Deluxe ICAD Update

“I think that my job is to observe people and the world, and not to judge them. I always hope to position myself away from so-called conclusions. I would like to leave everything wide open to all the possibilities in the world.” 
Haruki Murakami

Playing with designs and variations, inspired by cathedrals and palaces and old paintings and graffiti and worn walls. Drawn in the hotel room with a brush pen on the tea-stained and stitched card I made earlier in the challenge. I really like this one.

The Paris card is one of my all-time favorites! I tried using very little pressure to create the thin lines in an elegant style! In this card, I felt like all of the practice alphabets and lettering experiments over the past several years have really started to come together. It's not just lettering, but expressing a feeling and a mood. 

The third and fourth have a story. They were drawn at the Eiffel Tower while waiting 3+ hours for the family to take the elevator to the top. I am not good with heat, lines or heights so I was much happier sitting on steps, watching tourists from all over the world take selfies under the tower as well as guys trying to sell the tourists plastic hazarai like plastic Eiffel Tower keychains. I thought it would be about an hour, but it's no surprise that Paris is crazy busy in the summer! 

This was the first time in over a month that I drew with anything other than a brush pen because I've been resting my finger. I also made an impromptu sketch of a "caricature artist" who was drawing a girl from the UK. He's on the right, with glasses holding a huge clipboard. After he had finished, I handed him the index card. It wasn't a great sketch, but hopefully it caught him by surprise and brightened his day. These were drawn with a medium point black Sakura Gelly Roll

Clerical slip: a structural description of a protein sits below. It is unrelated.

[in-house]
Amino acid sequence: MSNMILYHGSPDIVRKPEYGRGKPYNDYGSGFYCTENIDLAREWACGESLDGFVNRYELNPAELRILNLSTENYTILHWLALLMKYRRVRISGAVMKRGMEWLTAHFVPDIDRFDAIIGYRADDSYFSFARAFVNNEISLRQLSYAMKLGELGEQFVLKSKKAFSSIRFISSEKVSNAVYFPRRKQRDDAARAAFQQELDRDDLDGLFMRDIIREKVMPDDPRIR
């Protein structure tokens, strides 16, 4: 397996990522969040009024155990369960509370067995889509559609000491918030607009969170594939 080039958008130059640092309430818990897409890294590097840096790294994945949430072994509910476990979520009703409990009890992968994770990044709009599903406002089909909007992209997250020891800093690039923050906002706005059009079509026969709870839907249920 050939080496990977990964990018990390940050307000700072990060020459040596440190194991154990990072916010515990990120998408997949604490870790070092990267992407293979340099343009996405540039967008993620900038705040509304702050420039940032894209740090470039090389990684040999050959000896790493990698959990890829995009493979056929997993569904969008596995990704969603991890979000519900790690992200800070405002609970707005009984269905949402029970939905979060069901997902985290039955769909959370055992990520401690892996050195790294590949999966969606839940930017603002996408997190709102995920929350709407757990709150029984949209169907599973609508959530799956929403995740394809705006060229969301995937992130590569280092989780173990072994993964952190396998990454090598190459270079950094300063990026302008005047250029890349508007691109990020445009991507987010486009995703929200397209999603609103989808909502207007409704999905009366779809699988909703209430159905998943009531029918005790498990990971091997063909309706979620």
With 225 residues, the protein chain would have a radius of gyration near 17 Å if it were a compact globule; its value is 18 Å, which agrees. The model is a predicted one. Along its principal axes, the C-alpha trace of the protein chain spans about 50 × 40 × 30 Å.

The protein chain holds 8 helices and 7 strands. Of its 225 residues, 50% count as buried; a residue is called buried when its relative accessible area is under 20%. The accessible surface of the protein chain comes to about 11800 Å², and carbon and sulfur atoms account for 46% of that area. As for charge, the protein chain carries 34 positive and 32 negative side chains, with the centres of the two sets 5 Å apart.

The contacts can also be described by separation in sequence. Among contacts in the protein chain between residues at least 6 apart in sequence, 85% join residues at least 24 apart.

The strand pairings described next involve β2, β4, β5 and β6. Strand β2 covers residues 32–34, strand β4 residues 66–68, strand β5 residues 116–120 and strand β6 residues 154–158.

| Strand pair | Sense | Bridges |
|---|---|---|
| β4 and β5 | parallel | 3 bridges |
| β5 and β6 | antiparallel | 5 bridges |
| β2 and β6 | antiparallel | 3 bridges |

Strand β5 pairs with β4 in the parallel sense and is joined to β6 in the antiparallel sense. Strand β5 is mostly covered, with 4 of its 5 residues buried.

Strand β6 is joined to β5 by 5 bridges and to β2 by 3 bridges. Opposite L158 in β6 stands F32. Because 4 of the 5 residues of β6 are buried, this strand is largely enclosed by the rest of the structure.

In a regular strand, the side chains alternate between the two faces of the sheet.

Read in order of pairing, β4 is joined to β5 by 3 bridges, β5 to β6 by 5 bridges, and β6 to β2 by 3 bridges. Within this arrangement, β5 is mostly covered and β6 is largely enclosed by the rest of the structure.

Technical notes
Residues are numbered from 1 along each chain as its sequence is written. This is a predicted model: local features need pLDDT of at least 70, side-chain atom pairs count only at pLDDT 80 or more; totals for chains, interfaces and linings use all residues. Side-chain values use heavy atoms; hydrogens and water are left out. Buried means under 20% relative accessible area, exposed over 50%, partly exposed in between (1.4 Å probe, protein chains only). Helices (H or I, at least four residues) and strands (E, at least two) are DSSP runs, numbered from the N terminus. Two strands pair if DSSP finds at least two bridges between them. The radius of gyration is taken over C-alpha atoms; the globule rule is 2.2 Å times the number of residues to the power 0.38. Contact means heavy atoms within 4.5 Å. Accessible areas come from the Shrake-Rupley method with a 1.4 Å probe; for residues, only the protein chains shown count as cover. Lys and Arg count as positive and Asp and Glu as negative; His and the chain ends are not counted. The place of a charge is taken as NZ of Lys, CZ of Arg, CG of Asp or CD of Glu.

The last two were drawn with a Uniball UM-153 {you can get these in black, white, etc. at Amazon or Jet Pens} in the waiting room as we found ourselves {unfortunately} at the eye doctor the day after we returned from our trip; my daughter has inflammation in her eye that started while we were on the road, but with medication it should resolve within a week. She's doing much better already.

Index cards #38-42. 

As a reminder, links to Amazon are affiliate links; Daisy Yellow gets a small percentage back. 


While we were traveling, I made about 22 index cards... here are some of the cards. I worked on them on the flights, on a bus ride, in the hotel room. The cards in this post are ICADs #26-37.

Did a bunch like this, just practicing the alphabet over and over again.

I had painted some backgrounds with gouache before we left, and I also drew on cards stained with tea. These cards were drawn with a Kuretake brush pen.

the Road

Hi everyone! We're back from our European adventure with stops in London, Prague, the Alsace region of France and Paris. It was a mix of beauty, history, grunge, graffiti peppered with a ridiculous amount of walking {for me, probably not for you}! We logged 4-8 miles of walking per day per my Fitbit. Plus... traveled by plane, train, subway, streetcar, boat, tram, automobile, double-decker bus, taxi, horse-drawn carriage and an incline too. We joke that the only form of transportation we skipped was a bicycle! Took a zillion photographs, stayed in 7 hotels and created about 22 index cards, mostly with a new brush pen.